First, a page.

Photo focus

Stanley Monument  

Sir Robert Stanley (died 1632) aged 24 and his two infant children Ferdinando and Henrietta Maria.  Located in Lawrence chapel, east wall.  Born at Hackney in 1608, he was the second son of William Stanley, 6th Earl of Derby (c1561-1642), and Lady Elizabeth de Vere. and by her line was a direct descendant of Henry VII and was married to Elizabeth Gorges (d.1675), daughter of Sir Arthur Gorges (monument in north west corner of More chapel) and Lady Elizabeth Clinton.


The Stanley badge, an eagle preying upon a child, had its origins in the story of an ancestor supposedly childless and an elderly father who arranged for the child to be placed in the eagle’s nest and “discovered” by a faithful retainer, allowing him to adopt the child without having to acknowledge paternity.

Henrietta Maria

Sir Robert Stanley

Cheyne Monument

Lady Jane Cavendish was brought up at Wellbeck that housed a Royalist garrison during the Civil War, her father and brothers were driven out by the Parliamentarian troops and Jane and her sister were left in charge during the siege of Wellbeck before being captured and held prisoner and roughly treated, despite this Jane begged for the life of her gaoler when he was later condemned to death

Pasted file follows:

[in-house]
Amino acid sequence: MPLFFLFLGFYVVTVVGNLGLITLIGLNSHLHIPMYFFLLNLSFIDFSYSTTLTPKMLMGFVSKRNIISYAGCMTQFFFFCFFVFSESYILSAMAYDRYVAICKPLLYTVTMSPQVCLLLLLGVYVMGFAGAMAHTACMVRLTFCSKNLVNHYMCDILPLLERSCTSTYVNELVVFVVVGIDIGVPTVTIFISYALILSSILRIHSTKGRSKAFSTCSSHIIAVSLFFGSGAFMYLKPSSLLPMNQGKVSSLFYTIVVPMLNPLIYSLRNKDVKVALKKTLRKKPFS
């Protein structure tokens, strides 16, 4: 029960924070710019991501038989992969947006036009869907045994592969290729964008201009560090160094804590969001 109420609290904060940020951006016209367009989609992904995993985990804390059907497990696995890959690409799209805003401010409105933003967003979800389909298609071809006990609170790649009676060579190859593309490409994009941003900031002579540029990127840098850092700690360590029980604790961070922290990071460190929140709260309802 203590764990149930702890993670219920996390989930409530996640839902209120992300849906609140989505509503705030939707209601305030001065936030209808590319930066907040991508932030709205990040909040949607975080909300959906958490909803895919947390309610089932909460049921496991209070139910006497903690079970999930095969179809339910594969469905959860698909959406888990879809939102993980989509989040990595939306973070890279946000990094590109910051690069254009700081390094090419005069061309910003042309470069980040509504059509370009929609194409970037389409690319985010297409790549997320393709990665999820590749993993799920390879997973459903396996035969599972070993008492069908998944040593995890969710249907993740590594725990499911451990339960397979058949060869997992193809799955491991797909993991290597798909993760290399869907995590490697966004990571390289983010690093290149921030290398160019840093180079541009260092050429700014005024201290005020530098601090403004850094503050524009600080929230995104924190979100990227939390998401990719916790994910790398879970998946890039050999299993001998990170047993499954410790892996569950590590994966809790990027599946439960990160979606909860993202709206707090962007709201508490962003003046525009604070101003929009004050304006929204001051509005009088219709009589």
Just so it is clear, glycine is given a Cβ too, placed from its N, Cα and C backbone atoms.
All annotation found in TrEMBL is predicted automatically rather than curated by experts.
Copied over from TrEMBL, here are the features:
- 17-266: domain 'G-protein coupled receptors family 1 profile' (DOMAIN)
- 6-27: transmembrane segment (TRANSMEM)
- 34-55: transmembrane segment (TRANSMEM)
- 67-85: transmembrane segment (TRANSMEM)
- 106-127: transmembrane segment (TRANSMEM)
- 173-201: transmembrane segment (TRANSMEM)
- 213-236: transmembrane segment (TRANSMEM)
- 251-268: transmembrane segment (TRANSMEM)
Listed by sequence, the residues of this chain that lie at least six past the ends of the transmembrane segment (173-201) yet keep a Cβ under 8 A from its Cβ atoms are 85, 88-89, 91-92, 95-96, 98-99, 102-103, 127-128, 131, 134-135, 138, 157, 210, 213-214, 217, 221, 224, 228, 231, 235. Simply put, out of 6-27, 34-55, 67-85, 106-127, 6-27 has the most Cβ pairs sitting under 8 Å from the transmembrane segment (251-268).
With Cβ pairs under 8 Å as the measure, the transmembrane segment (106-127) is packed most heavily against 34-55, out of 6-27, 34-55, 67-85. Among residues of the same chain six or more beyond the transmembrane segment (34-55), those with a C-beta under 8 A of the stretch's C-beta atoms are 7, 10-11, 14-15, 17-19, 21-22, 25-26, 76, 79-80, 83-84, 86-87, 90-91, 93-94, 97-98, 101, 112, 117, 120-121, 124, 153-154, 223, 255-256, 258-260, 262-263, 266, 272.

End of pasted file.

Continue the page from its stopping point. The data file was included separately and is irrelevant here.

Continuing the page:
Before the Reformation, it was generally assumed that after death time was spent in Purgatory so that the wording on monuments tended to be intercessory and ask for prayers to release the soul. After the Reformation the fashion was to celebrate the life of the individual in words and sculpture and display the wealth and culture of the family, to use artists rather than artisans to fashion the object. A prime example of this is the monument to Lady Jane Cheyne on the north wall of the Nave at Chelsea Old Church